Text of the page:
The incidence of dengue has been on the upsurge in the last decade. It has affected around one-third of the world's population living in endemic areas. It can be asymptomatic or may present with some specific symptoms. No control measures have proven beneficial to decrease the prevalence of this disease. The emergence of dengue vaccine has been a revolutionary hope in the future of patients affected with this disease. No doubt, this vaccine has its limitations and may do more harm than good, but with correct use, it can prove to be the most beneficial step taken in managing dengue so far.
Dengue is a mosquito-borne viral illness transmitted to humans by Aedes aegypti. This mosquito is most commonly found in the tropical and subtropical regions of the world. The global incidence of this virus has increased dramatically in the last decades placing more than one-third of the world population living in endemic areas at risk, with an annual incidence of 400 million cases .
There has been no evidence of a decline in the spread of dengue with dengue prevention and control programs as the endemic countries have limited resources and control measures are brought into effect only in epidemics. So the arrival of dengue virus vaccine is indispensable to prevent complications and death from dengue fever .
Four distinct serotypes have been documented for causing dengue: dengue virus one (DENV-1), dengue virus two (DENV-2), dengue virus three (DENV-3), and dengue virus four (DENV-4). Infection by one serotype confers a life-long immunity to that virus, but a subsequent infection with another serotype causes a more severe dengue disease with a mortality rate of 1-20% . The patients infected with dengue virus may be asymptomatic or may present with a severe illness sometimes leading to death.
Symptomatic individuals may present with fever, rash, headache, pain behind the eyes, muscle aches, bone and joint pains, nausea, and vomiting . The atypical manifestations of dengue include encephalopathy, hepatitis, hemolytic-uremic syndrome, myocarditis, acute respiratory distress syndrome, and myositis. The most common complications include hemorrhage and shock .
An effective dengue vaccine is an important strategy to effectively control the disease burden. Sanofi Pasteur vaccine is the only one that made it through phase III trials. It is a tetravalent chimeric vaccine with marked efficacy against serotype three and four. It is also known to be the safest one. According to the World Health Organization, in 2016 it was approved for ages 9-45 years (Brazil) and 9-60 years (Paraguay); three doses to be given six months apart [4-5].
Dengvaxia, the dengue vaccine, is formed by splicing four dengue serotypes with the yellow fever virus 17D genes. With phase III trial under investigation, after two years of this trial, it was proven that Dengvaxia has better efficacy in those already immune to one of the serotypes, but has less efficacy in those with no prior infection, questioning the usefulness of this vaccine in travelers to endemic areas. However, this vaccine significantly reduced the prevalence of mild and severe dengue and the rate of hospitalization in those previously affected. According to the Study on Global Ageing and Adult Health run by the World Health Organization, the greatest benefit is achieved in seropositive patients at the time of vaccination.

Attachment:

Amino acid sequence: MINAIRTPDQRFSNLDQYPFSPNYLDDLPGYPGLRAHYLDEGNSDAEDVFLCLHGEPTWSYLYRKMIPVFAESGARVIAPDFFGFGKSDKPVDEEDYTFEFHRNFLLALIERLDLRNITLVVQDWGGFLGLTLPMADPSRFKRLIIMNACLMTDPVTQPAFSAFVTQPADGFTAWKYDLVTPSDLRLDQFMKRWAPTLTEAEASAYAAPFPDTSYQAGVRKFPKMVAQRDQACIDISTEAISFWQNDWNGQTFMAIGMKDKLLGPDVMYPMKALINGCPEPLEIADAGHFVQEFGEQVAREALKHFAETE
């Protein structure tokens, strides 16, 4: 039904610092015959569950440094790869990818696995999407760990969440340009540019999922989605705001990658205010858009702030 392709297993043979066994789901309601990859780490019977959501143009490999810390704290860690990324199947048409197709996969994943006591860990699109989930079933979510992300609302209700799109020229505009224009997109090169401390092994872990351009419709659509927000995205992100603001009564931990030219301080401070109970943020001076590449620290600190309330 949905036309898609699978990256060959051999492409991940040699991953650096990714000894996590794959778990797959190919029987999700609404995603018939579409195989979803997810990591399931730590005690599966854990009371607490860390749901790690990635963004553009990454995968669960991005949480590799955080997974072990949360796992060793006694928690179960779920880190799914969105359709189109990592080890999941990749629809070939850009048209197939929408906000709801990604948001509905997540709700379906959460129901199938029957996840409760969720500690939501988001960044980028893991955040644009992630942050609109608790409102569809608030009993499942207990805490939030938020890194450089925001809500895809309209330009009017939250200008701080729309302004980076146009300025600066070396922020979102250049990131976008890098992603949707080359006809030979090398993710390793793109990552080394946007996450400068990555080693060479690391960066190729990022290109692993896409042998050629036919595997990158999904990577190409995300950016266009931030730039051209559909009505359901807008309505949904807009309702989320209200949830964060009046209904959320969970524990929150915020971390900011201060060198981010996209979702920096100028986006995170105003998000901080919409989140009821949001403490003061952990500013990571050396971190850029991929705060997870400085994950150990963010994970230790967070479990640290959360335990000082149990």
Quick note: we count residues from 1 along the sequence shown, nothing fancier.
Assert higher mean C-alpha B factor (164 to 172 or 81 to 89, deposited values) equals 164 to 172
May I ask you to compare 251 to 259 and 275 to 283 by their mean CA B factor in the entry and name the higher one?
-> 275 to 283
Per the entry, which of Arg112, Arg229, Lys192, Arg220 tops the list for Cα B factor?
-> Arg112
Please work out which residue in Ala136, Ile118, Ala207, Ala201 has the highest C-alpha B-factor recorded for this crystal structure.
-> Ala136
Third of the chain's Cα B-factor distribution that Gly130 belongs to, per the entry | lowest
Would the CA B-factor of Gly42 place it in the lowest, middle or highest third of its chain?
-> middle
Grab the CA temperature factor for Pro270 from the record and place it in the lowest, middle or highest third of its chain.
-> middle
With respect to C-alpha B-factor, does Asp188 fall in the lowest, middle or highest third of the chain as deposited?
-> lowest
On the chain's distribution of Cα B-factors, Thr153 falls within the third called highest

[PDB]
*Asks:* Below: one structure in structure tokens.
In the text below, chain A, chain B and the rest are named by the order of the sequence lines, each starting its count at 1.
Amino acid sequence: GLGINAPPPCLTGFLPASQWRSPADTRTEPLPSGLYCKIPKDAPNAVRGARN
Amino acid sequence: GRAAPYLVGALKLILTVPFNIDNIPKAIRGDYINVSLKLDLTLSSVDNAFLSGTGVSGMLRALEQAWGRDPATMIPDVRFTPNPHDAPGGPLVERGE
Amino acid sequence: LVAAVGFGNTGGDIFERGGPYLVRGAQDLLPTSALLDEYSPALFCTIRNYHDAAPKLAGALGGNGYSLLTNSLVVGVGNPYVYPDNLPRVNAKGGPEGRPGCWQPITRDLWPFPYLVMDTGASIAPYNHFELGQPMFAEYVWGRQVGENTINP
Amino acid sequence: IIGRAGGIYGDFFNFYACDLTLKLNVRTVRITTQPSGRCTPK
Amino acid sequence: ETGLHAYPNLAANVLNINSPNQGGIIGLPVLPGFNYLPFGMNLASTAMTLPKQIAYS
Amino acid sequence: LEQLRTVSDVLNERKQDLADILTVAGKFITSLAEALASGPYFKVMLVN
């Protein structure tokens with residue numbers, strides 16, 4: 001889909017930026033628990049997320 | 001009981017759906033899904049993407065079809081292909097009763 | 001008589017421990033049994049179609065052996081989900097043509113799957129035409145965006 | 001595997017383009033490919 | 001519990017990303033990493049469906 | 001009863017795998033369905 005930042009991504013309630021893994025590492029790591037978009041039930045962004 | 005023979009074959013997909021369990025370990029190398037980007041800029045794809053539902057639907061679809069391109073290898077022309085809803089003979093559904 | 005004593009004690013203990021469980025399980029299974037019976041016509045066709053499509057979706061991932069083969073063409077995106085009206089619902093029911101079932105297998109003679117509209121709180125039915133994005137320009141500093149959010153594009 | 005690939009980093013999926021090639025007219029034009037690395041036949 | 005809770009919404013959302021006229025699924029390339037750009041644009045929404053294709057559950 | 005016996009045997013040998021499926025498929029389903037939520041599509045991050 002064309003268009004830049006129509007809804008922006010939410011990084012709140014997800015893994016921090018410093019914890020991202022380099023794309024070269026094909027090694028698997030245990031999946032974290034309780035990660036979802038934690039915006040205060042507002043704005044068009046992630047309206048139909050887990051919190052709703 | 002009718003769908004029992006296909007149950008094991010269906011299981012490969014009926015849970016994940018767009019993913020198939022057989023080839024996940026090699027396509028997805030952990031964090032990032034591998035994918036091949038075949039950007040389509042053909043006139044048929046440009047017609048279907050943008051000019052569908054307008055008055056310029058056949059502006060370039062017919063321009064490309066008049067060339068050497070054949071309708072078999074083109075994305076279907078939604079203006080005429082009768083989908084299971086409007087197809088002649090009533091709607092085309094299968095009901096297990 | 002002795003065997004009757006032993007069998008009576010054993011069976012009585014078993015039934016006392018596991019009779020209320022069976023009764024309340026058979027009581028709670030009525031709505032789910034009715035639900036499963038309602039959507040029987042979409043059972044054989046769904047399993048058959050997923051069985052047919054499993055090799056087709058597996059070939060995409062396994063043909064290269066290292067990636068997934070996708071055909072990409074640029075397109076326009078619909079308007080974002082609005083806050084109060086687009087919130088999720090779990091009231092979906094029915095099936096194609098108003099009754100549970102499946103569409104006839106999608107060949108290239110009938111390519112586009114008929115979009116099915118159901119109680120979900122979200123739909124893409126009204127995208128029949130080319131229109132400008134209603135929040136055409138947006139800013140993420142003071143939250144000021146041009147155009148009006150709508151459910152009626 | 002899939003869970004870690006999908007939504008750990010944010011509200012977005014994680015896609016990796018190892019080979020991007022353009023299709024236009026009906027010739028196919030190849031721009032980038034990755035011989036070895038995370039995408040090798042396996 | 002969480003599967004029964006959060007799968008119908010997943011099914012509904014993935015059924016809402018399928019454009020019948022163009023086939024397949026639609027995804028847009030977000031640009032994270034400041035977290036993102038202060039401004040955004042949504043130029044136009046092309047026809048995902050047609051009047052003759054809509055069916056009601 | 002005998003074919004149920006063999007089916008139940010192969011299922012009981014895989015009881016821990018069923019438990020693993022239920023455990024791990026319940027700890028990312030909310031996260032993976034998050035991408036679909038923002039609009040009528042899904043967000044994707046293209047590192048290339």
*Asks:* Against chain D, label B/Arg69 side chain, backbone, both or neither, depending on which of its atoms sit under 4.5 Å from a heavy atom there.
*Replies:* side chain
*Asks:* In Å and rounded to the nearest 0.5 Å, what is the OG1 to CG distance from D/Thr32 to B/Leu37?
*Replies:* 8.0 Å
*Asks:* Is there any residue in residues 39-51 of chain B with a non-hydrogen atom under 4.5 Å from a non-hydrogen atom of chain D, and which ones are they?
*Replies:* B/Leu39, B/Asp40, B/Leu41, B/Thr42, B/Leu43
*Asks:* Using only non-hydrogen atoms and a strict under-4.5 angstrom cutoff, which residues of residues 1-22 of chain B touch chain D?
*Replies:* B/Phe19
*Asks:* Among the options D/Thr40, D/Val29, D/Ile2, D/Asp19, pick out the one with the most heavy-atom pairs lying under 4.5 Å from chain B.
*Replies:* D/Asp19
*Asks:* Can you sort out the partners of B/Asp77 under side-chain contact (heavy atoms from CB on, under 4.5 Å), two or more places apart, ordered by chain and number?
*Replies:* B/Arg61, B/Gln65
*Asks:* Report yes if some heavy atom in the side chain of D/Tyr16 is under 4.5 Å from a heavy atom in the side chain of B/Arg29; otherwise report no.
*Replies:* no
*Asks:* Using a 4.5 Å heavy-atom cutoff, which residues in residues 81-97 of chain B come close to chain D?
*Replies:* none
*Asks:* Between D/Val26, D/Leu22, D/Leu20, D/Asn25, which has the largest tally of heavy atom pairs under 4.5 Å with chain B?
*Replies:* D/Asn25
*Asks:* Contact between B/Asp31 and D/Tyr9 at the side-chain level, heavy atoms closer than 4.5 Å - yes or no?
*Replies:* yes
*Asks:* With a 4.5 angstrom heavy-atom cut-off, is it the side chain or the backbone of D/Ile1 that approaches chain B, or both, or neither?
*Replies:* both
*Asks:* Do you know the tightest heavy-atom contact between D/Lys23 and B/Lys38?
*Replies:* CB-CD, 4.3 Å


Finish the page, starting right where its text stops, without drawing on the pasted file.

The goal of eradication of the epidemic of dengue can only be achieved by providing access to the low-cost vaccine in an abundant supply to endemic countries and implementing the appropriate measures of control like an effective water supply system, waste disposal, and the use of protective clothing and insecticide spray in travelers to these regions.
No doubt, dengue vaccine is a new hope to combat the illness and hospitalization caused by dengue, but its use is limited to places where it will do more good than harm.
There is still uncertainty about this vaccine and more research needs to be done on the dose and the selection of recipients for this vaccine. Its effectiveness depends on a number of factors including the age of the patient receiving the vaccine, the type of dengue, previous infection with dengue, and the local epidemiology.
The vaccine will win the battle if serological tests are done before the use of the vaccine. The correct use of this vaccine in future will decrease the number of severe cases and hospitalizations leading to a significant achievement.
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- Pawaria A, Mishra D, Juneja M, et al.: Atypical manifestations of dengue fever. Indian Pediatr. 2014, 51:495-497. 10.1007/s13312-014-0434-8
- Schwartz LM, Halloran ME, Durbin AP, et al.: The dengue vaccine pipeline: implications for the future of dengue control. Vaccine. 2015, 33:3293-3298. 10.1016/j.vaccine.2015.05.010
- Godoi IP, Santos AS, Reis EA, et al.: Consumer willingness to pay for dengue vaccine (CYD-TDV, Dengvaxia R ) in Brazil; implications for future pricing considerations. Front Pharmacol. 2017, 8:1-9. 10.3389/fphar.2017.00041
Fighting the Dengue Virus
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Cite this article as:
Faraz A, Aadil M, Shafqat M (May 24, 2017) Fighting the Dengue Virus. Cureus 9(5): e1271. doi:10.7759/cureus.1271
Received by Cureus: April 27, 2017
Peer review began: May 08, 2017
Peer review concluded: May 19, 2017
Published: May 24, 2017
© Copyright 2017
Faraz et al. This is an open access article distributed under the terms of the Creative Commons Attribution License CC-BY 3.0., which permits unrestricted use, distribution, and reproduction in any medium, provided the original author and source are credited.
This is an open access article distributed under the terms of the Creative Commons Attribution License, which permits unrestricted use, distribution, and reproduction in any medium, provided the original author and source are credited.